There’s a Constellation of Symptoms
Some of the most common symptoms of post-acute COVID syndrome are:
- Muscle weakness
- Shortness of breath
- Chest pain
- Loss of smell or taste
- Difficulty concentrating
Rarer symptoms, like rashes, hair loss and kidney injury, can happen, too. “We’ve seen so many different kinds of post-acute COVID patients,” says Dr. Sandrock. “Some are really sick and knocked down, and others have symptoms like low-grade fever or fatigue that gets a little better, then gets a little worse.”
Brain Fog Is Common
Many people report trouble concentrating or thinking clearly after they’ve had COVID-19. You may have mental health challenges, too, like depression or anxiety. “If you feel lethargic or depressed or have brain fog, you’re not crazy,” says Dr. Sandrock. “It may be caused by limited blood flow to the frontal lobe of your brain.”
Having an Underlying Health Condition Makes You More Susceptible
Although even healthy young adults can experience post-acute COVID syndrome, people with underlying medical conditions are more likely to suffer. The CDC poll found that 48 percent of patients with high blood pressure — and 55 percent of patients dealing with obesity — experienced long-haul COVID.
Special Long-Haul Clinics Are Opening Around the Country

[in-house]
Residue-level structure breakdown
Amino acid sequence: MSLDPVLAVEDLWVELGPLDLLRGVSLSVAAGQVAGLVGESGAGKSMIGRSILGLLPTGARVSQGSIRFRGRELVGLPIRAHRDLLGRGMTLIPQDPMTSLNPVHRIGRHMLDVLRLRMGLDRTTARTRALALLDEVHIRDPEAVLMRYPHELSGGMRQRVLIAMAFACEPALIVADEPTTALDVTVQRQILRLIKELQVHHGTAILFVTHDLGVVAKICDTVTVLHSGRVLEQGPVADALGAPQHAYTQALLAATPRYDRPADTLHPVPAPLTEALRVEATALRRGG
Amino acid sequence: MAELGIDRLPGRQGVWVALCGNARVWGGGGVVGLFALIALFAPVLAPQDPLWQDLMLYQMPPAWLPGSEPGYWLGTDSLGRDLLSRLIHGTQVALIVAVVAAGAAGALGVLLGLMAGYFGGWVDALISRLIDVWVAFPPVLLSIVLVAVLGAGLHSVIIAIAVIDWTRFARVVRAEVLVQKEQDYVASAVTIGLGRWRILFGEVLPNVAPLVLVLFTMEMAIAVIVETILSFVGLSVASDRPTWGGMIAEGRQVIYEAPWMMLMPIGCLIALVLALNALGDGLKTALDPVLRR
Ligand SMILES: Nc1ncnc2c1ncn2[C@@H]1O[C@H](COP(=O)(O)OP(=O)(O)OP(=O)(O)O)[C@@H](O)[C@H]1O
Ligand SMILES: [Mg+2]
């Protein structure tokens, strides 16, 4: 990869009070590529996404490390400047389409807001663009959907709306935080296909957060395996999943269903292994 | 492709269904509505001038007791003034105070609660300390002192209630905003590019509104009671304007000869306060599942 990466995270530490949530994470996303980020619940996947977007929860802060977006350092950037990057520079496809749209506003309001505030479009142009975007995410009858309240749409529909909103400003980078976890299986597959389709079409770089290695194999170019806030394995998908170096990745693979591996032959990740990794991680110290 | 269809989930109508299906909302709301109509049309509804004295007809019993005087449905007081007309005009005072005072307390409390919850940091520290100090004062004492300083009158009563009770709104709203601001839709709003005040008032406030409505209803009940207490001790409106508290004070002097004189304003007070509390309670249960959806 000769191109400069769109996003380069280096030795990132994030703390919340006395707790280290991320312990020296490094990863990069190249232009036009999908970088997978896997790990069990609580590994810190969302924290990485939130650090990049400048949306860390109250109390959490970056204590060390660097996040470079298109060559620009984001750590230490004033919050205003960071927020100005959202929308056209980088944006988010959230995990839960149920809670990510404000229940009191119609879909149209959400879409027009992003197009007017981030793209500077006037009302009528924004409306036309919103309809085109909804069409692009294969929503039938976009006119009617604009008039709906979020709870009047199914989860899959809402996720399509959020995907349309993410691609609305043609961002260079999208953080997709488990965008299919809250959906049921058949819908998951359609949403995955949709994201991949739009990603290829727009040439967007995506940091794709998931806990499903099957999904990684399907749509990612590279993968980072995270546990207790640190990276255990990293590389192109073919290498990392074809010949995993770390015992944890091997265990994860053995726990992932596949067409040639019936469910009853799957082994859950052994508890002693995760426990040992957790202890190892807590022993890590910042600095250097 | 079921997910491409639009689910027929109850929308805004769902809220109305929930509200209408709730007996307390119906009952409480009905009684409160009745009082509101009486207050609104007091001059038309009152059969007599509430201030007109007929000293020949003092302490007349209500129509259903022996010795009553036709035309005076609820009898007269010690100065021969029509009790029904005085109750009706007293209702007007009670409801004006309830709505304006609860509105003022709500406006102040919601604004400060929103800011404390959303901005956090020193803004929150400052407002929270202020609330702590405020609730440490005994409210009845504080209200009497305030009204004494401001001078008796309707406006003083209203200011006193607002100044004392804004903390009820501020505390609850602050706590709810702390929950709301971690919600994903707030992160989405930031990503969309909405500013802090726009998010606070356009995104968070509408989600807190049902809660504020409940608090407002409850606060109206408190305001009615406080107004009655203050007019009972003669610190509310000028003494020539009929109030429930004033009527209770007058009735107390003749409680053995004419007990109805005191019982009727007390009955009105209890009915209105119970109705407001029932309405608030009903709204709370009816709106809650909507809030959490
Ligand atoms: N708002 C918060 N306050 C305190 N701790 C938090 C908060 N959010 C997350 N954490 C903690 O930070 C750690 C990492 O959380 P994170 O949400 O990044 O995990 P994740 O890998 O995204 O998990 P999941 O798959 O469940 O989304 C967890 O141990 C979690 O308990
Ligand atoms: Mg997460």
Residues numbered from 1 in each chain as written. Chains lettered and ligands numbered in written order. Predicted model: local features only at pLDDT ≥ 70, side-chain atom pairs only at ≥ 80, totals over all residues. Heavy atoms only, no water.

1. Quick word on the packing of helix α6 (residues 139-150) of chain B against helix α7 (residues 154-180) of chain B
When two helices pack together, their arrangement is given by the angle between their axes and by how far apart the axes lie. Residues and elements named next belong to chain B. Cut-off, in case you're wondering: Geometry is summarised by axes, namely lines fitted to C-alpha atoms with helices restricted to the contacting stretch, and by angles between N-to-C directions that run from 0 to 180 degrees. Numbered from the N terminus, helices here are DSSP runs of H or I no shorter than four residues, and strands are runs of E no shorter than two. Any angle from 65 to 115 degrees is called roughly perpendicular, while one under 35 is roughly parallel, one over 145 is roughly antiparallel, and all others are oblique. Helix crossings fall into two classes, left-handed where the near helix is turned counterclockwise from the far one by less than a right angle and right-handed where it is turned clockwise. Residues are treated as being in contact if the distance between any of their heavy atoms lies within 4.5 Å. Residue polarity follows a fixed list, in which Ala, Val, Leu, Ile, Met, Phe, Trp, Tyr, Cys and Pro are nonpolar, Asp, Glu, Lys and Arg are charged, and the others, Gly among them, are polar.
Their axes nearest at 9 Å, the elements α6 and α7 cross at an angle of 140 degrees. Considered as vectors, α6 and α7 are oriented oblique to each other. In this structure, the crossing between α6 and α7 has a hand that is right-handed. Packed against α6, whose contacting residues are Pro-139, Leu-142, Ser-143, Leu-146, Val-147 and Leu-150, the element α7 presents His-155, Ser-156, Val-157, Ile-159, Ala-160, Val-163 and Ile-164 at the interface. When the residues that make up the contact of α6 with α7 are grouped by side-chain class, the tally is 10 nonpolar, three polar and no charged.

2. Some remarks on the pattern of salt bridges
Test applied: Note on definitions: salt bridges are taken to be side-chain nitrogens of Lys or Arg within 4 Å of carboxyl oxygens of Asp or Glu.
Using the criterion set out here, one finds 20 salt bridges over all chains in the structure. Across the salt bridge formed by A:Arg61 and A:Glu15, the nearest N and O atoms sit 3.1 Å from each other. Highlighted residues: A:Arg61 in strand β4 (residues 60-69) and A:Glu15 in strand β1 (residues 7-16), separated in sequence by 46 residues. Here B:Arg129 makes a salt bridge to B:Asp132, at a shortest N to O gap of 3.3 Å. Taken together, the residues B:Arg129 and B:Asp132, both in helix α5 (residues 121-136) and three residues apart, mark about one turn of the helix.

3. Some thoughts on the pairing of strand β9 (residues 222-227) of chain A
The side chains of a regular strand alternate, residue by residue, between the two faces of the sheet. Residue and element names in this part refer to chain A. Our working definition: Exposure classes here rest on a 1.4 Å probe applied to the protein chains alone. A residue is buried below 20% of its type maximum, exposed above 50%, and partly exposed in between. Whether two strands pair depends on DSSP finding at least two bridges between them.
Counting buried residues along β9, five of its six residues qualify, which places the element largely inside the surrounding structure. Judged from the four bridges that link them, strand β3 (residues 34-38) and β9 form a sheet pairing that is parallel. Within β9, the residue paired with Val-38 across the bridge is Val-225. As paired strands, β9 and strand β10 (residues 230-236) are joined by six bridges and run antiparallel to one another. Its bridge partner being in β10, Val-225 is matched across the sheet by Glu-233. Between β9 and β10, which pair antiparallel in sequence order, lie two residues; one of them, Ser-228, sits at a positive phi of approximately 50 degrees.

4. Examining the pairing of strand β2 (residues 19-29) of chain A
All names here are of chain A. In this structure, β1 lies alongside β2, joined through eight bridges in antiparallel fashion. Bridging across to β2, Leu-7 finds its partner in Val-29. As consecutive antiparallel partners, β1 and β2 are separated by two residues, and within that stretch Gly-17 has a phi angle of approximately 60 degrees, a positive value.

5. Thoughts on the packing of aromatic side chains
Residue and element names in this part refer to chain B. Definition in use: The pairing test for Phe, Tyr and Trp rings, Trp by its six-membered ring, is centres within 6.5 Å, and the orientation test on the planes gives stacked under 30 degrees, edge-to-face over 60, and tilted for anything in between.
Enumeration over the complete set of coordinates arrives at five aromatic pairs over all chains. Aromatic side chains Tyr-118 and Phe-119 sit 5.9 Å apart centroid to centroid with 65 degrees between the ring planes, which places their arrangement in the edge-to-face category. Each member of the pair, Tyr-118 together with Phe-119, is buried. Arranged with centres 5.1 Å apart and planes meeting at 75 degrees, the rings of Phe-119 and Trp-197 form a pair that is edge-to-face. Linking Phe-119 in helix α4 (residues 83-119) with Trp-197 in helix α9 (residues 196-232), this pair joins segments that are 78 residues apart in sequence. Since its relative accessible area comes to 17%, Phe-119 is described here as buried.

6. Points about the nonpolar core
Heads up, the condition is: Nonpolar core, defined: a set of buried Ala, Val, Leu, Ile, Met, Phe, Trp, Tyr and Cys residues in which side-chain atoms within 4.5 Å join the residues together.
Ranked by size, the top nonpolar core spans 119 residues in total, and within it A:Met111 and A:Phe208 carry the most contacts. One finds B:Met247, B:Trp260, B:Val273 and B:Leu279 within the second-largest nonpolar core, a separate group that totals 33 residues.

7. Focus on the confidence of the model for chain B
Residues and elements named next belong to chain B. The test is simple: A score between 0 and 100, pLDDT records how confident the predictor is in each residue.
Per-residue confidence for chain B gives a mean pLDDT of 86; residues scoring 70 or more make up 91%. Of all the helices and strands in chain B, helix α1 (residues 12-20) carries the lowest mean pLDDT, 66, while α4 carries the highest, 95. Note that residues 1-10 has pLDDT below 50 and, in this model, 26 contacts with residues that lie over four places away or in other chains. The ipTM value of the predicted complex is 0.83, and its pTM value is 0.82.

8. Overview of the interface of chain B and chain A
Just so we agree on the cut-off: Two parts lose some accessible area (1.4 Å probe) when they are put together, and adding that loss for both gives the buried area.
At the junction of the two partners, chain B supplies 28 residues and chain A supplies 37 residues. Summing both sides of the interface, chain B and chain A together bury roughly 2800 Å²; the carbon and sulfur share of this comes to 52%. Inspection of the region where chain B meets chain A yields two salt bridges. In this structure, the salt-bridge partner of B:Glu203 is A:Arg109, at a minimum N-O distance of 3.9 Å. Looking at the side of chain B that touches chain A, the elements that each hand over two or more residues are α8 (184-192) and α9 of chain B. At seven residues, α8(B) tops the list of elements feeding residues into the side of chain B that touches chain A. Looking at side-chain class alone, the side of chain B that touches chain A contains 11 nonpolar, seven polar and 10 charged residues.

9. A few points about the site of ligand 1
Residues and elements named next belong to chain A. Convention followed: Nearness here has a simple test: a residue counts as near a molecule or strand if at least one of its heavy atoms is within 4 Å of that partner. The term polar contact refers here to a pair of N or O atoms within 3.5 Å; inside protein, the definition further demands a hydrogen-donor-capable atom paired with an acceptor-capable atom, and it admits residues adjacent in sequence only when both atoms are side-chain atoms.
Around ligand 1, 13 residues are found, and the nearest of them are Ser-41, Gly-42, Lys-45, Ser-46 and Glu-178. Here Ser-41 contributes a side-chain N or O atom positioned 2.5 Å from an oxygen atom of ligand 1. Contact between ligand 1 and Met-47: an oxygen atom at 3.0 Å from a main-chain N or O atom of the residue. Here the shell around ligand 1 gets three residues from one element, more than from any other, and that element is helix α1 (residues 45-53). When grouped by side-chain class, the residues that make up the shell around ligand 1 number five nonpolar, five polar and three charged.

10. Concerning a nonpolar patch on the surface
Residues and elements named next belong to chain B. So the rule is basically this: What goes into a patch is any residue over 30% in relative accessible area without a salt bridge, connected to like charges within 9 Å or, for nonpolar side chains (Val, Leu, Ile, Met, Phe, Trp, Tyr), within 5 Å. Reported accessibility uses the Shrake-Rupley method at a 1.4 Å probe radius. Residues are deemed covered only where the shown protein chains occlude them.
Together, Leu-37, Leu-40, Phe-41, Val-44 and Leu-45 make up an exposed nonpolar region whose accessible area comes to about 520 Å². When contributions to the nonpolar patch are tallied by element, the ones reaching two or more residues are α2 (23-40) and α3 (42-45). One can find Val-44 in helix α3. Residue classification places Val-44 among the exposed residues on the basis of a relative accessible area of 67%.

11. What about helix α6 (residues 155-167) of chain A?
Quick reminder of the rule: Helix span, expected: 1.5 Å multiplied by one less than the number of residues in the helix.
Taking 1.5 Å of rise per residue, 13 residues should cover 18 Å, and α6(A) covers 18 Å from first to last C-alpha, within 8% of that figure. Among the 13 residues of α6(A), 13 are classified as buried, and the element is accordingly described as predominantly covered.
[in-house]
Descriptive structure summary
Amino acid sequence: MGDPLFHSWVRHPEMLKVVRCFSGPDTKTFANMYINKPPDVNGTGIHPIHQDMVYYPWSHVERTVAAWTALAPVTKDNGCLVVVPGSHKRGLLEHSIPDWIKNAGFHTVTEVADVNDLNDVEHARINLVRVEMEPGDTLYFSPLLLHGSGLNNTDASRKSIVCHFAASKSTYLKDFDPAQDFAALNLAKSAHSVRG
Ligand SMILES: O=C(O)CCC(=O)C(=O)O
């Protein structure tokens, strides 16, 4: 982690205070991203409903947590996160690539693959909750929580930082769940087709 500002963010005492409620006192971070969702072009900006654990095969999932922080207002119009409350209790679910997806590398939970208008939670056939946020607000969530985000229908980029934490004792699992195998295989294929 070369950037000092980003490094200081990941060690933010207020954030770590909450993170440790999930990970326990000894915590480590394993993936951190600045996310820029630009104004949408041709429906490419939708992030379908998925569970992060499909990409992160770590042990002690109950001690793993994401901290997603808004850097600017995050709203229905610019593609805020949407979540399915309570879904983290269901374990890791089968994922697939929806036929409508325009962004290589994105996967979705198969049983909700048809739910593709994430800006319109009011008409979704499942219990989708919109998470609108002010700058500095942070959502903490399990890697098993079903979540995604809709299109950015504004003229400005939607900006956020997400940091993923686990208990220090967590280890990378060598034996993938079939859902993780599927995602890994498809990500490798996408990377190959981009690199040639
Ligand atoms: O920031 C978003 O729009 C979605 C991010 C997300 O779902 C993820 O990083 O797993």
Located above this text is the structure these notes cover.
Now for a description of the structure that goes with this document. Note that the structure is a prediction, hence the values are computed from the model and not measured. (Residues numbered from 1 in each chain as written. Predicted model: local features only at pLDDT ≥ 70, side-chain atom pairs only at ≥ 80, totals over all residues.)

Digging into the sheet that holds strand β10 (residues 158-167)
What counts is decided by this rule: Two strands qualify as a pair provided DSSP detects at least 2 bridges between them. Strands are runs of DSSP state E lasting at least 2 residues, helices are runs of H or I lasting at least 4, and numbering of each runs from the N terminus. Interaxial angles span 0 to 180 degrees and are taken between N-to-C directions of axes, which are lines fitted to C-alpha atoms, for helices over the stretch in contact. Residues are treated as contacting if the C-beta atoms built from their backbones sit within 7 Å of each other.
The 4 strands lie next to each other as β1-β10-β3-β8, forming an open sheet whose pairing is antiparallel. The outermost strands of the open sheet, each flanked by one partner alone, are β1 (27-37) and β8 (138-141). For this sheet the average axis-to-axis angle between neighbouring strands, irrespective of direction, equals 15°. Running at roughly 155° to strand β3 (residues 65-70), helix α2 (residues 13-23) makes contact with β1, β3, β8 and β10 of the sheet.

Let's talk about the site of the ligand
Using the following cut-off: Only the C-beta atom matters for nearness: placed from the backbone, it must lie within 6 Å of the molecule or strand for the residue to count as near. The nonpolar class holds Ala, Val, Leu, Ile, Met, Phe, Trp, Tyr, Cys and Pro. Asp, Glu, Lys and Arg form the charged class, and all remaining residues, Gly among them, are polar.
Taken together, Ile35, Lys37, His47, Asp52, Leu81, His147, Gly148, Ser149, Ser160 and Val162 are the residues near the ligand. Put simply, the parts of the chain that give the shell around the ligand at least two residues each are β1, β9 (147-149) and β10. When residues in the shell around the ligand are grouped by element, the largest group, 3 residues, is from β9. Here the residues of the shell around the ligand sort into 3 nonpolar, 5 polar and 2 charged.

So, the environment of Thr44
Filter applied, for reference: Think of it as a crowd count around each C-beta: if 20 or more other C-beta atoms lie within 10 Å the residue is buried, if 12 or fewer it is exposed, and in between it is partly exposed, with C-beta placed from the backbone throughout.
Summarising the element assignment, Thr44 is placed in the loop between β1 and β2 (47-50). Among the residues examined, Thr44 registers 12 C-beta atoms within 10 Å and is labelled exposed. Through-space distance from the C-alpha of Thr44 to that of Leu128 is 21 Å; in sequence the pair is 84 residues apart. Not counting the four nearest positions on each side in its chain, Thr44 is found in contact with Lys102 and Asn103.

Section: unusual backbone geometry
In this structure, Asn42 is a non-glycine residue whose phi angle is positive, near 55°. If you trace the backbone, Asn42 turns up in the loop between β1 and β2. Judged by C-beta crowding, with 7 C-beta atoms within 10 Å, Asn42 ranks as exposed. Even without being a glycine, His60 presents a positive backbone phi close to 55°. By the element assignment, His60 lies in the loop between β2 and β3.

There are now some outpatient clinics that focus specifically on treating post-acute COVID syndrome. You’ll likely need to go for testing in person. “Expect blood work, a pulmonary function test to see how well your lungs are working, and perhaps an echocardiogram or magnetic resonance imaging (MRI) scan,” says Dr. Sandrock.
Treatment will depend on the findings. “I’ll usually do an EKG in the office. Then if I’m concerned, I’ll send the patient for a follow-up with a cardiologist,” says Dr. Boling. “That’s because post-COVID inflammation can put you at risk for heart problems. Or I may order a CT scan of the lungs to look for underlying damage. That might be treated with inhalers.” The most important advice: Don’t wait for problems. If you’re not feeling right in a week or two, call your provider and arrange a telehealth visit, or book an in-person visit as soon as you’re no longer infectious.
“There is hope,” says Dr. Boling. “The most likely thing is that you will get better. It may just take some time.
The information in this story is accurate as of press time and posting. To limit the spread of the coronavirus, it’s important to continue practicing social distancing (keeping at least 6 feet away from people outside your household) and washing your hands frequently. You should also be appropriately masked any time you’ll be in public. According to the CDC’s latest guidance, this means layering a disposable surgical mask underneath a snug-fitting cloth mask or placing a mask fitter over your cloth mask to ensure a tight fit. Because the situation surrounding COVID-19 continues to evolve, we encourage readers to follow the news and recommendations for their own communities by using the resources from the CDC, WHO, and their local public health department.